As zonas pioneiras do Brasil


  • Leo H. Waibel
  • Walter Alberto Egler


Geografia da População, Geografia Econômica, Colonização, Fronteiras e Pioneiros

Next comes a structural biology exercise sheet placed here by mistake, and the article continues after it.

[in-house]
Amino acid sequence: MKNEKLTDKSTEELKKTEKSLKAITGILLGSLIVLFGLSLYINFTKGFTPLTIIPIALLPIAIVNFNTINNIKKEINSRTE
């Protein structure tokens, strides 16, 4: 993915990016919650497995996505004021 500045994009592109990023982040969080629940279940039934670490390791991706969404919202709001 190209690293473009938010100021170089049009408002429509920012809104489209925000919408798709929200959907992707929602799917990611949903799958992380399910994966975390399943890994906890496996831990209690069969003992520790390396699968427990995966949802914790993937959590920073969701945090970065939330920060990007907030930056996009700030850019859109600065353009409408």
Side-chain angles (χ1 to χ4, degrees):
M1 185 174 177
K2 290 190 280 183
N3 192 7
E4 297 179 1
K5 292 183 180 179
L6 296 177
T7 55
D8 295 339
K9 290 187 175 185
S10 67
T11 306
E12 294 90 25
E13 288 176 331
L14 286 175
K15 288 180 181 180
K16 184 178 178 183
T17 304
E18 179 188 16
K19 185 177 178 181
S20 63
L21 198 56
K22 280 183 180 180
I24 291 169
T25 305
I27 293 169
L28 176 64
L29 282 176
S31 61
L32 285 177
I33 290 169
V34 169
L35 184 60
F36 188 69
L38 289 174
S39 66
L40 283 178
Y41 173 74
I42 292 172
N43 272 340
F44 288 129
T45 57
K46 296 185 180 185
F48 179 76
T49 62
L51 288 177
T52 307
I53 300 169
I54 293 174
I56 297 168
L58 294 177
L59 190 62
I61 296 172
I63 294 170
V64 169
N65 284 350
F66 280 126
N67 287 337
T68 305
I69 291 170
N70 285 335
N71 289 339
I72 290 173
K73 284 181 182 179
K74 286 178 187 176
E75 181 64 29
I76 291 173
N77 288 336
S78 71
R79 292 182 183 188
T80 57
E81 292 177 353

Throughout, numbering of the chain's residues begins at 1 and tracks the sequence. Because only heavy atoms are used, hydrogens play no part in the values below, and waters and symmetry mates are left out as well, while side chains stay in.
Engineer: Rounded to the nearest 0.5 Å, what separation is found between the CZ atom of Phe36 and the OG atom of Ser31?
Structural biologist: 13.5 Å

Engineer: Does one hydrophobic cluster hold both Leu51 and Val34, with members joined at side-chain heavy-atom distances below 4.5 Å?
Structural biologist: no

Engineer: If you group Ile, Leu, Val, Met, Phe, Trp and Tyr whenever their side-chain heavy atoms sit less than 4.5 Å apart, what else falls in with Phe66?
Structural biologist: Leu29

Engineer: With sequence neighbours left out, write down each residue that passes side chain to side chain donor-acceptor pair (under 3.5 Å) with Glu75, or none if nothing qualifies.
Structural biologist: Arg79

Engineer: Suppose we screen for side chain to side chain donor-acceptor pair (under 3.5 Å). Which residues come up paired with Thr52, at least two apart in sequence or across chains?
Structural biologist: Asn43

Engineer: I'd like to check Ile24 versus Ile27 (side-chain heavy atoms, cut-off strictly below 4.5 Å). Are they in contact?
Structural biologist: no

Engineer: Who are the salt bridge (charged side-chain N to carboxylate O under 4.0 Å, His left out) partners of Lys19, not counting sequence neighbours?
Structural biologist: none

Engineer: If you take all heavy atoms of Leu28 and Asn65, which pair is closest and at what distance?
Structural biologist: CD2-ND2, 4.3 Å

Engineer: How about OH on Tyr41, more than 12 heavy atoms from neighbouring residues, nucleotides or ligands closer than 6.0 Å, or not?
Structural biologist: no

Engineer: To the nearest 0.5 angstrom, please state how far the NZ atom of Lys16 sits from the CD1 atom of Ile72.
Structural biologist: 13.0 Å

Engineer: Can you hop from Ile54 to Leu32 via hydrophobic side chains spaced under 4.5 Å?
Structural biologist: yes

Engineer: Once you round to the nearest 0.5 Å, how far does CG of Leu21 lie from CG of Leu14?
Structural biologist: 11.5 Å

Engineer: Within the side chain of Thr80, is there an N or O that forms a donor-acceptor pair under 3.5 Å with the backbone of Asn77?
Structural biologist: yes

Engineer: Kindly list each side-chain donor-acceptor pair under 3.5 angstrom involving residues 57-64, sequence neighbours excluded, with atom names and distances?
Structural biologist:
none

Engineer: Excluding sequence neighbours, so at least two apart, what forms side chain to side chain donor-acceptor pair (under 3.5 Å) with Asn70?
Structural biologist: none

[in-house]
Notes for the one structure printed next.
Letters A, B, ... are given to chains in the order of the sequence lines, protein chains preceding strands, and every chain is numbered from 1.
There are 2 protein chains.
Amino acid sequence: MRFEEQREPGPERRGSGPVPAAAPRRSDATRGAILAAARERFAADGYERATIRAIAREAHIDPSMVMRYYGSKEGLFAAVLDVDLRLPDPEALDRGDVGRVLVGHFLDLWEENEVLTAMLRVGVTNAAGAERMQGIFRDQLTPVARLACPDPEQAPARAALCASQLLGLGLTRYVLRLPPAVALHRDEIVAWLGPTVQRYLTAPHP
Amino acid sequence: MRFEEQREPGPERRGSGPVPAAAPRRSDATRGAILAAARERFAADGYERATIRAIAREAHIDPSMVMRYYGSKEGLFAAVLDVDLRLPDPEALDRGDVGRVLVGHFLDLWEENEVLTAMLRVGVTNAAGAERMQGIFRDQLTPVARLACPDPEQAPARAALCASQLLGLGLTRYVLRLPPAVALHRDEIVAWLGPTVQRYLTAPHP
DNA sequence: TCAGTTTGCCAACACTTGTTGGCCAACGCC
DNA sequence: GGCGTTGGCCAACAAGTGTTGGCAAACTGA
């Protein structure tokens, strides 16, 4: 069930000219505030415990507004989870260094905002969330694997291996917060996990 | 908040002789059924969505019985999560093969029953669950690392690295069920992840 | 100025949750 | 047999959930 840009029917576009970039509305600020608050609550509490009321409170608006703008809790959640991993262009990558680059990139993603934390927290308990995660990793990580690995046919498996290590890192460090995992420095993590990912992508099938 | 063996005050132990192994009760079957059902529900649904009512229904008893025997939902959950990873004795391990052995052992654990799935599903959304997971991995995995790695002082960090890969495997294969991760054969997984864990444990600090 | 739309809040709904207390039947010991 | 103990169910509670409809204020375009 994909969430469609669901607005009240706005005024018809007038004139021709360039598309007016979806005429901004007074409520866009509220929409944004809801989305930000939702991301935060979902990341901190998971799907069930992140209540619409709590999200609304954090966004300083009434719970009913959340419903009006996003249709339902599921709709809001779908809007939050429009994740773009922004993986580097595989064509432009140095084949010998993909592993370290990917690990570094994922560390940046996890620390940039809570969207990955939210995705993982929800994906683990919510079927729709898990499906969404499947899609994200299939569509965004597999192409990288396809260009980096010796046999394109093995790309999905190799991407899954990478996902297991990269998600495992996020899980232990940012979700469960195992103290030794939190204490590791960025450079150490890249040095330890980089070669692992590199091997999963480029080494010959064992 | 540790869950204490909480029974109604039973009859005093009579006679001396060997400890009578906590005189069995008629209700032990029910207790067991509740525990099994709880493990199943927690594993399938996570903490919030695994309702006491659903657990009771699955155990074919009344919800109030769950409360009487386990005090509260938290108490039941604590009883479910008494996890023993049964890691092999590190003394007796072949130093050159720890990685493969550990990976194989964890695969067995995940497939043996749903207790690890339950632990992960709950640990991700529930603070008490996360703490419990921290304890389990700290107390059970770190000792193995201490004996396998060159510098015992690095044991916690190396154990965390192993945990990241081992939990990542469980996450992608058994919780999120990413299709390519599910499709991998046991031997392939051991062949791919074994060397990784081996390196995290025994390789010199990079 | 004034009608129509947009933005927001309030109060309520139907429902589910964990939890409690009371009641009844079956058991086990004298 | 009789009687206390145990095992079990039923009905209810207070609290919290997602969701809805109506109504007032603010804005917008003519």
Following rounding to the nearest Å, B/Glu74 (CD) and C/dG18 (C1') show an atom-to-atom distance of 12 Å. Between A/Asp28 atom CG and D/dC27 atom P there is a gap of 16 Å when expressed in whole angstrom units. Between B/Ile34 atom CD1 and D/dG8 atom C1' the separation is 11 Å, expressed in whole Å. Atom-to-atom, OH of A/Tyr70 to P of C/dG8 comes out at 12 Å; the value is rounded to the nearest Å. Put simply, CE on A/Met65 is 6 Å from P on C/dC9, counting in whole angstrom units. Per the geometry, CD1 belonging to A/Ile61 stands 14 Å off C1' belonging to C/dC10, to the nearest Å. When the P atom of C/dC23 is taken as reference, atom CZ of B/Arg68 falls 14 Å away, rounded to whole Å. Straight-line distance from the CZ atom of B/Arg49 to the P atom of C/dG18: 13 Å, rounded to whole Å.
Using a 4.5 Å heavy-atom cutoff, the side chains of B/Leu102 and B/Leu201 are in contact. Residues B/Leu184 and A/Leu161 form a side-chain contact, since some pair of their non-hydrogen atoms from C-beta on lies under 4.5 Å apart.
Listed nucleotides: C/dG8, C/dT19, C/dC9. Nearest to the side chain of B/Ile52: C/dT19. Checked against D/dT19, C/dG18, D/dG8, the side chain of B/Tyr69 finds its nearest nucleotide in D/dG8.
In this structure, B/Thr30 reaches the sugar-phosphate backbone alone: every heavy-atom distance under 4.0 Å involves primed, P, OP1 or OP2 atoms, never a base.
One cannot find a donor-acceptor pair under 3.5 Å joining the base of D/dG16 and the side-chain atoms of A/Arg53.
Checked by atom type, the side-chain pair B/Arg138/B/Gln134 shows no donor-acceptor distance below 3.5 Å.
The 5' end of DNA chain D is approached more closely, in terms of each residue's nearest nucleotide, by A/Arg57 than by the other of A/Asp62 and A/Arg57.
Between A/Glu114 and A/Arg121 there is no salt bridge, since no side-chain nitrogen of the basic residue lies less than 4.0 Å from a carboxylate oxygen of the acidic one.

The author, Prof. Leo Waibel, studies past and present pioneer zones in Brazil, comparing their distribution to the one observed in the United States of America, and discussing the problems involved in economic planning for the Brazilian west. The author describes the area economically occupied and emphasizes that it is small in relation to the large extension of the country, on account of these characteristics, the country possesses the last disposable land reserves in the occident. The author defines, then, the expression pioneer zone, a strip of land relatively wide which stands between the virgin forest and the civilized zone, and within which agriculture and peopling caused a rush or boom. Only dynamic pioneer zones are dealt with on account of their similarity to the ones observed in the American middle-west. Examining historic Brazilian pioneer zones, the author concludes they appeared during the second half of the XVIII century when an expansion of cotton cultivation was noted, sugar cane, without causing the establishment of pioneer zones, caused an increase in the number of sugar mills and of the population of the lower Paraiba valley during the period between 1750 and 1820. During the XIX century coffee was brought to the central-eastern part of Brazil, this area presented ideal natural and economic conditions for coffee and this situation caused coffee plantations to expand towards the interior, inducing the advance of classic pioneer fringes. These fringes were the following: the pioneer zone of the depression of the Paraiba valley, which attained its peak during the second half of the XIX. century and where the agricultural system, shifting cultivation, was substituted by the capitalist plantation system, the central zone of the State of São Paulo, where coffee appeared during the same epoch as in the Paraíba as a consequence of the construction of the railroad, the São Carlos-Ribeirão Preto zone, where terra rossa occurs, also benefited from the construction of two railroads, Mojiana and Paulista, and their numerous ramifications. The Botucatu zone, localized on Triassic terrain with occasional occurrences of terra rossa, was initially occupied by farmers, only after the beginning of the present century did coffee expand in this zone. While the pioneer zones of central-eastern Brazil developed, new zones appeared to the north. In the State of Rio Grande do Sul a first zone developed after 1824, the German immigrants spreader on the foothills and on the slopes of the plateau. Another zone appeared in 1890, on the northeastern plateau of the State. In Santa Catarina, a first pioneer zone appeared in the valley of the Itajaí river on account of private enterprise, where the Colônia de Blumenau was founded in 1850. Still another zone appeared during the First World war, occupying parts of the interior plateau, its expansion facilitated by the construction of the railroad connecting São Paulo and Rio Grande. The author distinguishes five pioneer zones in Brazil, in our days: the Xapecó-Pato Branco region to the northeast of Santa Catarina and southwest of Paraná, the north of Paraná, the west of São Paulo, the so-called Mato Grosso of Goiás, the region to the north of the Doce river, in the States of Espírito Santo and Minas Gerais.